SHREVEPORT, La. -- A few weeks ago, KTBS spotlighted legislation dealing with Medicaid fraud in behavior healthcare -- especially for kids and the hundreds of millions being scammed from the system in our state -- that was signed into law.
A local mental healthcare provider in Shreveport saw the story about widespread fraud and ongoing investigations and took mild exception. He wants everybody to know there are legitimate providers in mental healthcare.
“There were some things I didn’t agree with," said Ryan Williams, he said of the story, not the legislation, House Bill 211.
“I don’t disagree with the House bill,” Williams said. “I think it is something that is needed.”
But he wanted those in need to know there are legitimate providers. State Rep. Dodie Horton checked out Williams’ company with the attorney general’s office and says Seedlinks is on the level.
“At Seedlinks, our goal is to plant great information and great services into our people and to the community,” Williams said.
Plant is an operative word. That’s why you’ll see some form of tree in every employee’s office — emblematic of growth not only for patients, but for public perception.
“There’s already aspersions cast on mental health,” said Williams. “There’s always someone talking about the shamefulness of it. And some people may feel shameful of it. And what we wanted to do was clear the air on that and let them know there are god providers out there.”
Credentialing plays a big role in the legitimacy of behavioral healthcare.
“We do have to be credentialed with the insurance companies,” said Seedlinks HR Director Zondra Spikes. "Our MCO’s, we also have to be CARF accredited. We have a three-year accreditation with CARF.”
CARF stands for Commission Accredited Rehabilitation facility. Seedlinks is also credentialed by the state of Louisiana.
“They come out to view our facilities. They view all the processes with the MCO’s; they also view the processes with the employment of the human resources perspective of it," Spikes said.
And they make sure providers like Seedlinks meet all medical requirements.
“We have to have a licensed professional on staff,” Spiker said. "So we have to have a clinical director who’s also a licensed professional counselor. Our clinicians must have bachelor’s degrees and master’s degrees in psychology, social work, sociology and counseling.”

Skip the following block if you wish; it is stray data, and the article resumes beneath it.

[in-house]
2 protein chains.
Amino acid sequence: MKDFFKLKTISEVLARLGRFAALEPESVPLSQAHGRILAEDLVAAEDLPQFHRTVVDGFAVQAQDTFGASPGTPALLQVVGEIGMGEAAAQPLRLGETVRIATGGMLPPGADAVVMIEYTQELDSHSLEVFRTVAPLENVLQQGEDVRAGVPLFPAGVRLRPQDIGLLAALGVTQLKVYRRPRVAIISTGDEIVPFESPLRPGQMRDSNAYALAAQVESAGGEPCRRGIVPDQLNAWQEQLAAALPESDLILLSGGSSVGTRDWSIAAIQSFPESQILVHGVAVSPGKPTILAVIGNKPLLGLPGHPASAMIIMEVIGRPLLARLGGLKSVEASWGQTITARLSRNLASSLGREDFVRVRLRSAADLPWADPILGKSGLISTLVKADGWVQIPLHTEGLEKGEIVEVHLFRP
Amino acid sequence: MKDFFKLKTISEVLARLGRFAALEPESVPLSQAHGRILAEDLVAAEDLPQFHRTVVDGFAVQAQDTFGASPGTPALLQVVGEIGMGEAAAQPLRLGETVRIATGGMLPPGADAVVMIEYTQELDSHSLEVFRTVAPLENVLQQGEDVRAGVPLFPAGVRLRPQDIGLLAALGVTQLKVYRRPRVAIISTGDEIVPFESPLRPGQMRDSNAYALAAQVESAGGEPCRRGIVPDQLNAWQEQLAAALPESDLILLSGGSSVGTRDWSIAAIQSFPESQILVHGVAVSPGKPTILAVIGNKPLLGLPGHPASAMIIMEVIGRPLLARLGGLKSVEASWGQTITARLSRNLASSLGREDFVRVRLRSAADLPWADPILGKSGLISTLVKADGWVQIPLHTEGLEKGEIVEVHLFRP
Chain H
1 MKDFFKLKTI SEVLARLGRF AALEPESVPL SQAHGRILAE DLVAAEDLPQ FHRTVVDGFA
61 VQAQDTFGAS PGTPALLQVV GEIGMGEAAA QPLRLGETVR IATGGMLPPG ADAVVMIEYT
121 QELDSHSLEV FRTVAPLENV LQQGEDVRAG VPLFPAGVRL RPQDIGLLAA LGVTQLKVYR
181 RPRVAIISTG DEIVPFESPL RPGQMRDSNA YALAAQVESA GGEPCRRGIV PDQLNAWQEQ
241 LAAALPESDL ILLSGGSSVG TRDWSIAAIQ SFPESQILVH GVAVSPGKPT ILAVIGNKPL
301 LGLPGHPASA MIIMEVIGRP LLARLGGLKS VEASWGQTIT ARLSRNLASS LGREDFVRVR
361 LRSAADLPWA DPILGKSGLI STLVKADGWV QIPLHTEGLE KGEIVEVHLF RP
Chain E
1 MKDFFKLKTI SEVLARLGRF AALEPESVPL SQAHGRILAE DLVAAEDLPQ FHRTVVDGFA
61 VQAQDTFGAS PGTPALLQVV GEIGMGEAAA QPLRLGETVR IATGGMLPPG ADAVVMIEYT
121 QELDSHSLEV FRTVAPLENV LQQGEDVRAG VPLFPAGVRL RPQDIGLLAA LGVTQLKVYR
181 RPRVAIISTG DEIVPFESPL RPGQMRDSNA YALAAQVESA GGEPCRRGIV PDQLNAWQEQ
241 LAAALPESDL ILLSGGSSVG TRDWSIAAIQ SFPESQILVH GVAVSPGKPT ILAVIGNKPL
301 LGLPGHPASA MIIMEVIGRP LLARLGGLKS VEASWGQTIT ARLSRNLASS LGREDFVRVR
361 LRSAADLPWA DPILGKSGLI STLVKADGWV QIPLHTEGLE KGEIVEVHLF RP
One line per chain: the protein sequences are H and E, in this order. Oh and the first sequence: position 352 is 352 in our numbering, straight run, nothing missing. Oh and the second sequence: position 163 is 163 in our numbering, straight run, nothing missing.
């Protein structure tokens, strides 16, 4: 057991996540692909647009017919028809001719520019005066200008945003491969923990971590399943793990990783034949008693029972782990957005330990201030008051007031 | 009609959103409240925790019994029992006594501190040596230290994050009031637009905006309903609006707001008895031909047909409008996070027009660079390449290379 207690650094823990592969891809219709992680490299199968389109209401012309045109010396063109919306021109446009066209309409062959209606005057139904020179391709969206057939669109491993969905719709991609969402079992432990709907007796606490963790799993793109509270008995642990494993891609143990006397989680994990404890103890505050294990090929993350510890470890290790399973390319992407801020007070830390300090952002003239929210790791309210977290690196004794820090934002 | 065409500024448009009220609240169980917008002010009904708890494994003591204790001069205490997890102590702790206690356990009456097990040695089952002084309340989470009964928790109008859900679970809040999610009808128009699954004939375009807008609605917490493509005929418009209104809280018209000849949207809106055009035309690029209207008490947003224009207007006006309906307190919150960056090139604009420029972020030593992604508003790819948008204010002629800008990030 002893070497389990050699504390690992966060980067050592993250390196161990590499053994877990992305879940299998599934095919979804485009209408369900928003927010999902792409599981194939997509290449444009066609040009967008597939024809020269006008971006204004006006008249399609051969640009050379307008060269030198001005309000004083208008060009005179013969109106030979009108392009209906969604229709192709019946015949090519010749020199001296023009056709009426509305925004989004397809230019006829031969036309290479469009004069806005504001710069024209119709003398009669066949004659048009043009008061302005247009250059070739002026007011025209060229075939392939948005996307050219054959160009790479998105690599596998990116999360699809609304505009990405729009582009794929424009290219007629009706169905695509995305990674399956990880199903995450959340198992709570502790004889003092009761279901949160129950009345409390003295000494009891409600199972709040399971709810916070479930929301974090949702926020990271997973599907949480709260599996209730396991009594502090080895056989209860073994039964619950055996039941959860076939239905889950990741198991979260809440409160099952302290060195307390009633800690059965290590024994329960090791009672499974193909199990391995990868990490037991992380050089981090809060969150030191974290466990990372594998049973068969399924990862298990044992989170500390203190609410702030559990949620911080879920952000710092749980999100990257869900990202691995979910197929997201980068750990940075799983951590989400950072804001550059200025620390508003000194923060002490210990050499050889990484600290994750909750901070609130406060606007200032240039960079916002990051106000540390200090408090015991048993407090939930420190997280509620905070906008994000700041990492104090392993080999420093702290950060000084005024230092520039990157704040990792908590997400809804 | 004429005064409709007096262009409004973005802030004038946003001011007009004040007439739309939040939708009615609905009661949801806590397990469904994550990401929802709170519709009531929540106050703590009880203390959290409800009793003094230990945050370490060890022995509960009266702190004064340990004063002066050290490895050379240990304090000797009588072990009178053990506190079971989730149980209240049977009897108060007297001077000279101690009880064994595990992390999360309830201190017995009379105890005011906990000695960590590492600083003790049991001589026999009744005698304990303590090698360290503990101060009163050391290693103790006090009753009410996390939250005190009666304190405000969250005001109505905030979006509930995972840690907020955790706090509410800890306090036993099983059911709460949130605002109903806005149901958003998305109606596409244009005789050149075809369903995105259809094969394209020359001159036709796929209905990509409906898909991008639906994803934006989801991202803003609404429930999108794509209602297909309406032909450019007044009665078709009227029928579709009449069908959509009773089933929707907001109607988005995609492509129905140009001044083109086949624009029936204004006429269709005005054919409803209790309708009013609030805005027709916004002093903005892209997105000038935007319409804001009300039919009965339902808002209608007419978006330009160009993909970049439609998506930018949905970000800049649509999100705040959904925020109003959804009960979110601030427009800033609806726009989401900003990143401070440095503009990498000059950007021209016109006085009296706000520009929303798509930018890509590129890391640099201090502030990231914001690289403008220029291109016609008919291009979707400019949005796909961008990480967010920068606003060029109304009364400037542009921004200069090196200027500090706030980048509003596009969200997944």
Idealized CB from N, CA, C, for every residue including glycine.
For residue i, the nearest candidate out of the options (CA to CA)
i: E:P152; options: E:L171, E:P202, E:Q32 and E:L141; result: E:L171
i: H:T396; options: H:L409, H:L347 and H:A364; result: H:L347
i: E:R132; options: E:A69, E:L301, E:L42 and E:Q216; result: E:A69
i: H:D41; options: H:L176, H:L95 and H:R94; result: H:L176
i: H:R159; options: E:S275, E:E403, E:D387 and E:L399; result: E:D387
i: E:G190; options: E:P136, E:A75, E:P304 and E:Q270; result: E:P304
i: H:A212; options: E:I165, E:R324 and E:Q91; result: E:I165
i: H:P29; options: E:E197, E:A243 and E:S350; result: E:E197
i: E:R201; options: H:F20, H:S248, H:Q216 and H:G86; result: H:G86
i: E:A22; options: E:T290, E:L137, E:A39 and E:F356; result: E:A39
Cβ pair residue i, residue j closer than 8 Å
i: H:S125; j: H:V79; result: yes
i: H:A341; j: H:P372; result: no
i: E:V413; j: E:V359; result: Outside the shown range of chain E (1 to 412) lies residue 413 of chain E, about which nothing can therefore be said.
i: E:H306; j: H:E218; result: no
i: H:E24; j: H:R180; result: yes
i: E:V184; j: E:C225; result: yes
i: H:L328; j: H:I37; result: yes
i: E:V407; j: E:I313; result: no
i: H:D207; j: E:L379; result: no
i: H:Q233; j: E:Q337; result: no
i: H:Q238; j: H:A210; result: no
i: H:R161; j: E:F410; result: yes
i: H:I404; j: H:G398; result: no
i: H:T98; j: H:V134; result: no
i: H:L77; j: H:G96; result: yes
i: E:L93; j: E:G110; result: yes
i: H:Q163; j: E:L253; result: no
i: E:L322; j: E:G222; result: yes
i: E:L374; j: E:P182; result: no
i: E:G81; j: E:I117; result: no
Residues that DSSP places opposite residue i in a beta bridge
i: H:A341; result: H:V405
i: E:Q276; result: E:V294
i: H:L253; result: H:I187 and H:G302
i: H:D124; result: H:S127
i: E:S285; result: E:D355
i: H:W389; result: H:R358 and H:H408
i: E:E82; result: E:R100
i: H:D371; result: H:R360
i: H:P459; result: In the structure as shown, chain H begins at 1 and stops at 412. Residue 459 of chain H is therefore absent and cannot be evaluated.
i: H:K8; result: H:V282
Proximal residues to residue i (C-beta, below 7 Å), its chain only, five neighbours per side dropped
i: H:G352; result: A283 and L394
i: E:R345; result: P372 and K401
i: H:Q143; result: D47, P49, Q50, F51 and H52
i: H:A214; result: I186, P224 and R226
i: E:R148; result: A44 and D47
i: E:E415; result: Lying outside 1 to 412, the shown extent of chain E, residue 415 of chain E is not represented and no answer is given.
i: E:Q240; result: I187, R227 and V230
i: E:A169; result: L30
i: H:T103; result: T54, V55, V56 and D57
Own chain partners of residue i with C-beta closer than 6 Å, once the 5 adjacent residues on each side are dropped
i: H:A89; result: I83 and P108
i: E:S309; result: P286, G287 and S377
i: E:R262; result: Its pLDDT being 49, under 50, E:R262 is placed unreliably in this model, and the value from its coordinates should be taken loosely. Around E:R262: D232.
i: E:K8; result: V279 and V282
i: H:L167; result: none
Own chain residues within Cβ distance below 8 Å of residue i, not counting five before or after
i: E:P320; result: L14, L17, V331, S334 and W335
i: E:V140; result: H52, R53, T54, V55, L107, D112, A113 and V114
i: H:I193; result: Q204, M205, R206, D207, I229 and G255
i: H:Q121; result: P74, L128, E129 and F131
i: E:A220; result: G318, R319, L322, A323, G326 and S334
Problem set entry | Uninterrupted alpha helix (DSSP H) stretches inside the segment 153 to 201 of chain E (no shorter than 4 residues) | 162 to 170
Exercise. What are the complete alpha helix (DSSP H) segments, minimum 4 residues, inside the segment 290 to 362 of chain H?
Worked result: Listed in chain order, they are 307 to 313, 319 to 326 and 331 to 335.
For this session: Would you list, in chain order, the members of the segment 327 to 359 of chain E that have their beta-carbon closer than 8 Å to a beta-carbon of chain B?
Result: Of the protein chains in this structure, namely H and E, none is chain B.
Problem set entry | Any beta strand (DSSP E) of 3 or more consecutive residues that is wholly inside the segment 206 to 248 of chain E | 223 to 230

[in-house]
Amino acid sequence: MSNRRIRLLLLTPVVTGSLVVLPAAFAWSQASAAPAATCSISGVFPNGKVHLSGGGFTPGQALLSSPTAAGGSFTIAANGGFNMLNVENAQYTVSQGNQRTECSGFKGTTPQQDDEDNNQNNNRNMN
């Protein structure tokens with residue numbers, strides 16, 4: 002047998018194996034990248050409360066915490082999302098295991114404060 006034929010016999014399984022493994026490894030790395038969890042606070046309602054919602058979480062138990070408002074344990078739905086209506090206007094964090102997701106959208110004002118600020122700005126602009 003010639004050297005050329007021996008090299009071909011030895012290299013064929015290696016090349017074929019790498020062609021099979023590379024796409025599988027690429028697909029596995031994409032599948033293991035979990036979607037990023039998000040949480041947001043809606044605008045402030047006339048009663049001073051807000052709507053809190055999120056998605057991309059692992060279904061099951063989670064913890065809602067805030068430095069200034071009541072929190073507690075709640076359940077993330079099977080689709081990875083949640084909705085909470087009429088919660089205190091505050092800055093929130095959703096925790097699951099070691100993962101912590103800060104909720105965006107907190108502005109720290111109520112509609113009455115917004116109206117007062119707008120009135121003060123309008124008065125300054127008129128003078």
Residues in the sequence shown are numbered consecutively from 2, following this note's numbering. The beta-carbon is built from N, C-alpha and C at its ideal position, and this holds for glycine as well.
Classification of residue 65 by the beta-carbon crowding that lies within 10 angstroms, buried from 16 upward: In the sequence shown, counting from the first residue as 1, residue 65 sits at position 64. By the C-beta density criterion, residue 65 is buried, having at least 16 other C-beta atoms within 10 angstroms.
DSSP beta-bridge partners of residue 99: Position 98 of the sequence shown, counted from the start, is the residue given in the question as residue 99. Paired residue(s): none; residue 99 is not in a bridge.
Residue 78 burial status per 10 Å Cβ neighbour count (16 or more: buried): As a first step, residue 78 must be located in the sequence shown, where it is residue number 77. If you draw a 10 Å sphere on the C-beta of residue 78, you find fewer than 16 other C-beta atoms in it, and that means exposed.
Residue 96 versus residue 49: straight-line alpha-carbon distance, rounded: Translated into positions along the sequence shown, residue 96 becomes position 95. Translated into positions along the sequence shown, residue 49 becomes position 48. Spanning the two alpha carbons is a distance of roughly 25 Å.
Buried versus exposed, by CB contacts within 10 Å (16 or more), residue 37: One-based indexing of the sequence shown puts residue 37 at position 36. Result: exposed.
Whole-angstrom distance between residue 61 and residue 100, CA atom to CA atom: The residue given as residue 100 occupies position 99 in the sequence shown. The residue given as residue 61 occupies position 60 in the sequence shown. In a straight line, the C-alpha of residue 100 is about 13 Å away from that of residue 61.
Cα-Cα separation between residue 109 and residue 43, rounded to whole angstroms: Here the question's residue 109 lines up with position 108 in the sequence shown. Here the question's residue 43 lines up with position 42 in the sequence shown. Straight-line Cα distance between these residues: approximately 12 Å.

Chief Operating Officer Latari Fleming is in charge of daily operations. He described two main programs; mental health rehab and Assertive Community Treatment or ‘ACT’ for severe patients.
“We actually go out into the community. We help them get adapted back into society after they may have left our facility," Fleming said.
“Our goal is to keep people out of the hospital,” said Melanie Vojak, the ACT program coordinator. "People who are prone to going into the hospital or into jail; we try to keep them in the community.”
After watching our initial story on behavioral health fraud, license counselor Adrienne Lewis was concerned.
“My first thought was, great, now people are going to assume all mental health agencies are scamming; that we’re not helping, we’re just in it for the money. That is not accurate whatsoever," Lewis said.
Lewis says it’s her goal to provide quality services, while letting Seedlinks’ patients know: “They are not alone. We can provide them with support. We can help them create safe and nurturing environments.”
“They care about them here,” said Melody Smith. "And I don’t see that at most agencies. Most agencies don’t get personal with you; they do here.”
Smith is a Seedlinks patient, and says there were issues between her and her kids, and their father, and Seedlinks has been helpful for all.
“We’ve been through two other counseling agencies,” Smith said. "We were referred over here by the last one, and they’ve done an awesome job so far.”
“You have to have a heart for this. If you don’t have a heart to service or help people, then this social services field is not for you," Fleming said.
And Williams wants it known — his company is not on an island.
“I know there are other providers in the city of Shreveport that believe the same thing,” Williams said. "Our integrity is high. We’re doing the right thing and those are the companies I’m speaking up for.”
HB211 was carried by Horton and in a recent interview she made note of the ongoing problem in behavioral healthcare: “There are only 13 states that are non-compliant when demanding healthcare providers get a background check; our behavioral healthcare providers.”
And a report from the Office of the Inspector General emphasizes her point, showing that Louisiana and Arkansas are among the 13 that have not implemented criminal background checks.